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Thread: Our School "Reconfiguration"

  1. #31
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    Quote Originally Posted by Jeff Baron View Post
    I'll couch what I'm about to say by noting my upcoming thoughts are not personal attacks on character, but are statements in regards to job performance as a town volunteer only. That being said, Jeff D. has, at multiple times (including this thread) said we did this to pass the override. The difference in enrollment is only 11 students. He should resign his position on the SC for putting politics before the overall quality of our kids' education.
    Jeff, I can only hope that you've "misspoken." Otherwise, you are demonstrating a fundamental misunderstanding of the elected political office that you quite recently sought. The "quality of our kids' education" isn't something that *competes* with politics, it's something that's *enabled* by politics.

    Choose your definition--I'm happy with the one on Wikipedia.
    Politics is the process by which groups of people make decisions.
    I've written in another thread about the education that I'd like us to be able to deliver. In my opinion, one would be hard-pressed to call this education excessive. It's not a stretch, however, to observe that too many in Wayland would deem the necessary funds excessive. So, we strive to find the best balance. We do so through the process called politics.

    Quote Originally Posted by Jeff Baron View Post
    A SC that really cared about our elementary schools would have fought until the last fight was fought to keep all necessary dollars in the budget to keep our three schools.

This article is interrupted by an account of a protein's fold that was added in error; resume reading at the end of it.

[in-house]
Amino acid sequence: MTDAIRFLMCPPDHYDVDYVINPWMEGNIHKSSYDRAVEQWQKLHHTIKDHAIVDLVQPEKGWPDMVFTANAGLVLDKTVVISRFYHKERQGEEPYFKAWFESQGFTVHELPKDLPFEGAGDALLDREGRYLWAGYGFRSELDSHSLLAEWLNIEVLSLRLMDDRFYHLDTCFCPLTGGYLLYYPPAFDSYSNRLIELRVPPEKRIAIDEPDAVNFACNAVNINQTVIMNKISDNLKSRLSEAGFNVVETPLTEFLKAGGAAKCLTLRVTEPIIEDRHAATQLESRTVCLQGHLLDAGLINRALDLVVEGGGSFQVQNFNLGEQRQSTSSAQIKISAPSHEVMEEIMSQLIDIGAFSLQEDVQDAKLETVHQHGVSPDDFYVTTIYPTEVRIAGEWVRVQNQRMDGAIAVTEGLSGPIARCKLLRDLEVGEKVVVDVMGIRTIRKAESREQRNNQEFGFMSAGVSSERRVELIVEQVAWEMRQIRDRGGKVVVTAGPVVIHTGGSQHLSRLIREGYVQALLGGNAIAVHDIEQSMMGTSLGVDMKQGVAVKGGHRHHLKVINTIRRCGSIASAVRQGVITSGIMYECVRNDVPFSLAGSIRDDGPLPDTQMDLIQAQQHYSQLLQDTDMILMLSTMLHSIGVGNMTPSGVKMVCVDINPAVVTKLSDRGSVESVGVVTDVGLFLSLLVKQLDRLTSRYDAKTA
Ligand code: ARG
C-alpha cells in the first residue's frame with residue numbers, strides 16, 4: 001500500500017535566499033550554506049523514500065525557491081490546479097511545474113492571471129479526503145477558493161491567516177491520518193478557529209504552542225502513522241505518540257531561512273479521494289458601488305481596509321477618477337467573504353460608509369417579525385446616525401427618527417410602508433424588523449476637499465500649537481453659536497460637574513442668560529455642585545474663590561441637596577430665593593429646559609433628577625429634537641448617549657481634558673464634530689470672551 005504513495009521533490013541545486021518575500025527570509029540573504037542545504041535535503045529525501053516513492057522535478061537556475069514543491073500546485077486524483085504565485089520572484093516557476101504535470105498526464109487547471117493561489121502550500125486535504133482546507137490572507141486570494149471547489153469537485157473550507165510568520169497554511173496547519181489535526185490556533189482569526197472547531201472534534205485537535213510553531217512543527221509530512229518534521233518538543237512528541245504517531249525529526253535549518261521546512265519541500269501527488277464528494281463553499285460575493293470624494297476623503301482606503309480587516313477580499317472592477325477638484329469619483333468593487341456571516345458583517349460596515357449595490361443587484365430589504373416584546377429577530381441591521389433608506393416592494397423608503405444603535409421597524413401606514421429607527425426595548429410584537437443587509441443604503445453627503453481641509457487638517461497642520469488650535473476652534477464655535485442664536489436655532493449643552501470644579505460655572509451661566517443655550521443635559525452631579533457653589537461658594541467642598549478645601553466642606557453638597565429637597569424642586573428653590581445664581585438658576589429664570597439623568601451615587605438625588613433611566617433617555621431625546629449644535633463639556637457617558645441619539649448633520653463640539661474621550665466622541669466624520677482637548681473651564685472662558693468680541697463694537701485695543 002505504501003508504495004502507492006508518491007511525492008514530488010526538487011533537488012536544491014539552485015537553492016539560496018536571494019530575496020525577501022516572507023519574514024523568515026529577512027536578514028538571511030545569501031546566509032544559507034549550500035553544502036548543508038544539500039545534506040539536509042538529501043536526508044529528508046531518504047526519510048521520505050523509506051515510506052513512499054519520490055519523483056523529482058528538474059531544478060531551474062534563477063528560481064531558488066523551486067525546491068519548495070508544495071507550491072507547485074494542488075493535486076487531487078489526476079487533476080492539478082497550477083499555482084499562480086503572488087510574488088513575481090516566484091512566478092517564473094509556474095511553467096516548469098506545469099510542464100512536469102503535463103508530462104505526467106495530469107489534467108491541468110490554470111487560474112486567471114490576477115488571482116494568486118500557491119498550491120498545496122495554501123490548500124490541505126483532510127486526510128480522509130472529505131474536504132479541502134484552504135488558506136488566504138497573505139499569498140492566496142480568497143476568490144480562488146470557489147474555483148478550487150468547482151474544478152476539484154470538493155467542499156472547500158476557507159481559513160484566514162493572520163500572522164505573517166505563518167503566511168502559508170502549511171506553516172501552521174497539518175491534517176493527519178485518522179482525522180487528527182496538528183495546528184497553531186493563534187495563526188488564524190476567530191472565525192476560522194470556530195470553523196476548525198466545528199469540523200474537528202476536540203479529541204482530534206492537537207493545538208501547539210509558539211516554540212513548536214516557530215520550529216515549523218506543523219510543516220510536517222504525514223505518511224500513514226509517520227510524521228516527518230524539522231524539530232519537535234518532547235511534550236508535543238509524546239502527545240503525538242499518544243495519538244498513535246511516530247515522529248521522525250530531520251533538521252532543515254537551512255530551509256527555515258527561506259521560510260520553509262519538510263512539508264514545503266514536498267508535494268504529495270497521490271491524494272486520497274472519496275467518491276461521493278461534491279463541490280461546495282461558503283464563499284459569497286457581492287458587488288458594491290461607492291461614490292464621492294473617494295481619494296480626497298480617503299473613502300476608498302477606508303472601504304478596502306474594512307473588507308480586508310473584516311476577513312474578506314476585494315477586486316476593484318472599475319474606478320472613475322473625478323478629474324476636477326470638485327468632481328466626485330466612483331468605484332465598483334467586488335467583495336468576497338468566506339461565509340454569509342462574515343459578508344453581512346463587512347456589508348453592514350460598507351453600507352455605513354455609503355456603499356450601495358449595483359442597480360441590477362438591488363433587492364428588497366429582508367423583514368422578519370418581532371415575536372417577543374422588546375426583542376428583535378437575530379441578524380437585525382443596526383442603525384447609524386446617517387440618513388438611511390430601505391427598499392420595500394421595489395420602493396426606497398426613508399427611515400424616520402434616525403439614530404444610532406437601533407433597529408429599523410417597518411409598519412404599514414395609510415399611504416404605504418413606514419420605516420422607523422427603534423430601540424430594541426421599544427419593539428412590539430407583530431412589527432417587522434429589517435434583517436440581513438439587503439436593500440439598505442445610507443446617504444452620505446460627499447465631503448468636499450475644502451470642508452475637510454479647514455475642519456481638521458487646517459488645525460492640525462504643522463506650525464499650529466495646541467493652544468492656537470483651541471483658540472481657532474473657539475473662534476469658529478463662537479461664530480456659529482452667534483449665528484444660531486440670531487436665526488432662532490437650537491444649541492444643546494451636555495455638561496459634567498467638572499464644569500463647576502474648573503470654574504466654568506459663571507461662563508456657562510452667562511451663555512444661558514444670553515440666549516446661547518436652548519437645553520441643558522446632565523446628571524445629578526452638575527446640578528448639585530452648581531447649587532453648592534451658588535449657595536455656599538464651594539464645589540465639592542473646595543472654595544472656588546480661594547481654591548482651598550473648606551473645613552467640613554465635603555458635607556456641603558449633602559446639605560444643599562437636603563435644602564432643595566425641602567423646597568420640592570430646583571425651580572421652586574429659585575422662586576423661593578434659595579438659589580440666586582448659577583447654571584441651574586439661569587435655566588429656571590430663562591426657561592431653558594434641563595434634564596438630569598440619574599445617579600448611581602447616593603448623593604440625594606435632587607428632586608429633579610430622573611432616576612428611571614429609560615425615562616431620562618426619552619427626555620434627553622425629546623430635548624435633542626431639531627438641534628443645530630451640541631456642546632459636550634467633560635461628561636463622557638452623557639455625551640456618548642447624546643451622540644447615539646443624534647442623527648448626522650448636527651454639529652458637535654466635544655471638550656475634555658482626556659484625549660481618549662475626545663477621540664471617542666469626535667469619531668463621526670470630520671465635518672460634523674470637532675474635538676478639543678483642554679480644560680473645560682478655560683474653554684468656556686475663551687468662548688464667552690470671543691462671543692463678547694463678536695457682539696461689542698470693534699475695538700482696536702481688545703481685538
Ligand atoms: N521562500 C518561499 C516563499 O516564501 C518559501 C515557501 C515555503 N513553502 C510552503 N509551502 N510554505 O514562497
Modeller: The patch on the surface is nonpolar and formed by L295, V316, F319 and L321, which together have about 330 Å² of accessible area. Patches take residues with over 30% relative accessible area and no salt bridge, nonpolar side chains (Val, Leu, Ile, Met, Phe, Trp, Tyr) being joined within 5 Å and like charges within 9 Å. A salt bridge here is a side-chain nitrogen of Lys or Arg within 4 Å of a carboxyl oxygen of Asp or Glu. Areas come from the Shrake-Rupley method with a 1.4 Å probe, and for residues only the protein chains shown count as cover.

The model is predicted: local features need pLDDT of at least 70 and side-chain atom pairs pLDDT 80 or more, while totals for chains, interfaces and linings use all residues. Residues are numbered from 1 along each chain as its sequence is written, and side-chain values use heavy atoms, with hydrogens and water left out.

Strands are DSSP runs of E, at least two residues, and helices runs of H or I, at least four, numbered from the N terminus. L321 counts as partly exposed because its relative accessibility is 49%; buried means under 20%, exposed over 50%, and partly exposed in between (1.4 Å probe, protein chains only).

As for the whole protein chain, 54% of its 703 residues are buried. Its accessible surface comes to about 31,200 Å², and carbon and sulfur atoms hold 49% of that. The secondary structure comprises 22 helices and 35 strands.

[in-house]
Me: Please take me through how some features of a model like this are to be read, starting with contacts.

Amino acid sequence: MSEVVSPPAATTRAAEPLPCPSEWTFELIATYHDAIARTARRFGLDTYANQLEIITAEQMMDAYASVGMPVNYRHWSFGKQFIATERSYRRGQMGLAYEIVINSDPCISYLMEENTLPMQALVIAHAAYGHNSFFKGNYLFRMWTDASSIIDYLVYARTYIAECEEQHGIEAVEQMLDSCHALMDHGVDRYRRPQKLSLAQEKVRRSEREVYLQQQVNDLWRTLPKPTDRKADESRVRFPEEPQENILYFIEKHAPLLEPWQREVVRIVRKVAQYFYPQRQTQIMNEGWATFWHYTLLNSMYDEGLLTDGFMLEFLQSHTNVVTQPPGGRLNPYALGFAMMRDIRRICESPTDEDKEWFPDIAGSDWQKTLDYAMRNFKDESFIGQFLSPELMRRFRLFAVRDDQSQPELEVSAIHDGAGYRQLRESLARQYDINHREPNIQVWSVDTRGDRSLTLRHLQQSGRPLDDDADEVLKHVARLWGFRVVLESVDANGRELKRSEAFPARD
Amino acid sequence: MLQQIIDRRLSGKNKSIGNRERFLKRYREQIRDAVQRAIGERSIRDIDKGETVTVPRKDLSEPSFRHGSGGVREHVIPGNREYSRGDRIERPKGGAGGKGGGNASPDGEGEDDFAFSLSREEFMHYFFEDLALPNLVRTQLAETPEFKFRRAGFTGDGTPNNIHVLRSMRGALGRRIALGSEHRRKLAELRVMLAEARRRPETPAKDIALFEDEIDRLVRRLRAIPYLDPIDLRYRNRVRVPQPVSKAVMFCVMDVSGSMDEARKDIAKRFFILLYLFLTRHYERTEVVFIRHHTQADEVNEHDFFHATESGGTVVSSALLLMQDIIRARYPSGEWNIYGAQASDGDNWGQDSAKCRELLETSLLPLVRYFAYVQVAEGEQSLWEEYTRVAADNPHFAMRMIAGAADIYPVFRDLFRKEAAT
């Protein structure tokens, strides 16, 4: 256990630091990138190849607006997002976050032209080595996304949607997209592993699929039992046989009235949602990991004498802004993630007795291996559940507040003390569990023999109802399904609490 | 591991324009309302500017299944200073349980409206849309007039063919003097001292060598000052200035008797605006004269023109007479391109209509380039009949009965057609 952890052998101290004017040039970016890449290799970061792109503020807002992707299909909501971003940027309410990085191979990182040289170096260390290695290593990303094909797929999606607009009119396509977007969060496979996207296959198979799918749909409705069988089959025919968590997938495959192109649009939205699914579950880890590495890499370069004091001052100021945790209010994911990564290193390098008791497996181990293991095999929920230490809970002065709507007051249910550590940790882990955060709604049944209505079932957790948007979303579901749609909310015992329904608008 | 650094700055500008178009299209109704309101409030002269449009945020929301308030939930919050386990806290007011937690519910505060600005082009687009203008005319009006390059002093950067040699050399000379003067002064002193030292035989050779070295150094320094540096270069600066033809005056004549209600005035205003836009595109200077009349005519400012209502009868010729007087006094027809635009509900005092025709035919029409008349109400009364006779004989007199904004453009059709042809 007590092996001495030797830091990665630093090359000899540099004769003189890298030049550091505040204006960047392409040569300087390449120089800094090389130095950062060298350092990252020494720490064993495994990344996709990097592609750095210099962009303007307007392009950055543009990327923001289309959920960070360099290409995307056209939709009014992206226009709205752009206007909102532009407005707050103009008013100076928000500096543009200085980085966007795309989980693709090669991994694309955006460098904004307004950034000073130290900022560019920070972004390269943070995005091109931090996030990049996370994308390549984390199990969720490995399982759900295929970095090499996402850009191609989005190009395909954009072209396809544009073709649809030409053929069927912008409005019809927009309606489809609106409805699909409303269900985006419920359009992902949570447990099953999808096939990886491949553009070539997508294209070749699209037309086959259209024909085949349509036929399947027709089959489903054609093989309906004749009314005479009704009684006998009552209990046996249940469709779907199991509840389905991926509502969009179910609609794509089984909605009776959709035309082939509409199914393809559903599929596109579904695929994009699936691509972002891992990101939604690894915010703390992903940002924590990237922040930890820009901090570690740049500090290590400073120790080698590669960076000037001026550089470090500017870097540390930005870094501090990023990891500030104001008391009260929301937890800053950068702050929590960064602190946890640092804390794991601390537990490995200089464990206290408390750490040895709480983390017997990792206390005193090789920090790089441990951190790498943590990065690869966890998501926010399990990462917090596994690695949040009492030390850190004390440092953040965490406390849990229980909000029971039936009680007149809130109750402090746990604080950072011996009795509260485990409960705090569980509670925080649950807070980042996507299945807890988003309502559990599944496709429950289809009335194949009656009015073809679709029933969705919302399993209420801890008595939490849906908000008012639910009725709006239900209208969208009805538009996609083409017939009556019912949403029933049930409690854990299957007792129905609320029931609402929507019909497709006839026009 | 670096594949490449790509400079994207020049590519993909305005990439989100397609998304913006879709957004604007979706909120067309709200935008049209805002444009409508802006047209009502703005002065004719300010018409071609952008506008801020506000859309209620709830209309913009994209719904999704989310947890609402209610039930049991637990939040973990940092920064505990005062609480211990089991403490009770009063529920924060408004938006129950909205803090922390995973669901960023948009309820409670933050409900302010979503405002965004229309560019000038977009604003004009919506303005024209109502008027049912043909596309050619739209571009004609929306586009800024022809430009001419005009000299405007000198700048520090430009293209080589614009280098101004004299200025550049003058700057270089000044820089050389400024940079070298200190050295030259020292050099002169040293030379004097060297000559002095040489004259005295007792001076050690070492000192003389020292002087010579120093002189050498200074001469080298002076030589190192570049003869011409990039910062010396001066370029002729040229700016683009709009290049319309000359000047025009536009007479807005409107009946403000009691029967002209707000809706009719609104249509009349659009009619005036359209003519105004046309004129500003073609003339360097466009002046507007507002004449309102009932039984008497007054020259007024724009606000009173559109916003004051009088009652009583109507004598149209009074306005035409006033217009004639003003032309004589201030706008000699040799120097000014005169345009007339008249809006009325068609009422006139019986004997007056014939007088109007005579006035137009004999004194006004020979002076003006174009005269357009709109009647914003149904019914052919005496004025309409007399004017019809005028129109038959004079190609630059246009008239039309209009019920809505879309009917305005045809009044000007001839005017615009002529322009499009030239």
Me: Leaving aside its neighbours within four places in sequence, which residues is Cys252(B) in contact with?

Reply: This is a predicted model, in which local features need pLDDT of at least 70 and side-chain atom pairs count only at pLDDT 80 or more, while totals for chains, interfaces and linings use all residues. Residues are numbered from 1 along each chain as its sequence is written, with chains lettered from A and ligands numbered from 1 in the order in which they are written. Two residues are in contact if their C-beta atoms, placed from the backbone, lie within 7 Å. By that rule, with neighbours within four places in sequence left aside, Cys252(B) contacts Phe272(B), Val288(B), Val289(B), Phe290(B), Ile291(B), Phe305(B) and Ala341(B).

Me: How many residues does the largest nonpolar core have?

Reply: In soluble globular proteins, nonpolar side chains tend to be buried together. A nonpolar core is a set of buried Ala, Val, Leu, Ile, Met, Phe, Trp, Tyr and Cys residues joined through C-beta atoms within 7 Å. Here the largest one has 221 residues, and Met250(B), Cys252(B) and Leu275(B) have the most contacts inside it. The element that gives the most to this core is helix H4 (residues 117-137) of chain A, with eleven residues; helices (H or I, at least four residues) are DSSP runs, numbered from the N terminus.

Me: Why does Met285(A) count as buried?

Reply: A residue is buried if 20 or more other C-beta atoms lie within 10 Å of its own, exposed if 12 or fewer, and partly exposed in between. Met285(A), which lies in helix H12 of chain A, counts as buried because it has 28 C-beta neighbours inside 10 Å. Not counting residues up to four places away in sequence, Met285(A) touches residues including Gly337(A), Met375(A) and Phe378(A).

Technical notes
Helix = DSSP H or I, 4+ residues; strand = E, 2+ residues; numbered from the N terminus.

Again, Jeff, I can only conclude that you have a fundamental misunderstanding, this time regarding the budget process. Fighting "until the last fight was fought" sounds noble enough, but how exactly would that have worked?

    Here's one scenario: imagine that the School Committee had gambled, and had then been able to prevail upon the Finance Committee and the Board of Selectmen, to put an override on the ballot this past April sufficient for a truly preservational budget. Since we're talking about "last fights," we would have to assume that the gamble failed. What then?

    Most likely, we'd have had the same transportation difficulties, but the legitimate complaints would pale in comparison to those about larger class sizes, eliminated co-curricular activities, and other services for at least a year.

    It's interesting to know that you'd have gambled with the education of Wayland's children. I'm proud to be part of a School Committee that didn't take that risk.

  2. #32
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    Quote Originally Posted by Jeff Baron View Post
    We will, of course, remember that we did this because of the drop in student enrollment in our elementary schools. Well, Jeff D. said it was to pass the override. I believe him.

    According to the latest figures from the school department, there is a grand total of (drum roll, please) 11 (yes, that's right, eleven) fewer students across the entire K-5 spectrum in Wayland as compared to last year (1213 vs. 1202 -- a reduction of 0.9%).

    Was it worth it to jam this "reconfiguration" home with no real analysis or preparation? Well, we got the override passed. But at the cost of the situation we now find ourselves in. All for eleven fewer kids. I'd love to hear someone defend this!
    A more applicable comparison is between the 1,193 students we had in 3 buildings for the 2007-2008 school year relative to the 1,032 students (as of our 8/25 enrollment report) we have in 2 below capacity buildings for the 2008-2009 school year.

  3. #33
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    Quote Originally Posted by Jeff Dieffenbach View Post
    A more applicable comparison is between the 1,193 students we had in 3 buildings for the 2007-2008 school year relative to the 1,032 students (as of our 8/25 enrollment report) we have in 2 below capacity buildings for the 2008-2009 school year.
    Explain your numbers. The enrollment numbers I posted were taken directly from a report issues by Gary Burton's office showing enrollment as of 9/8. How is it he shows over 1,200 students both last year and this one, and you are quoting the numbers above?

  4. #34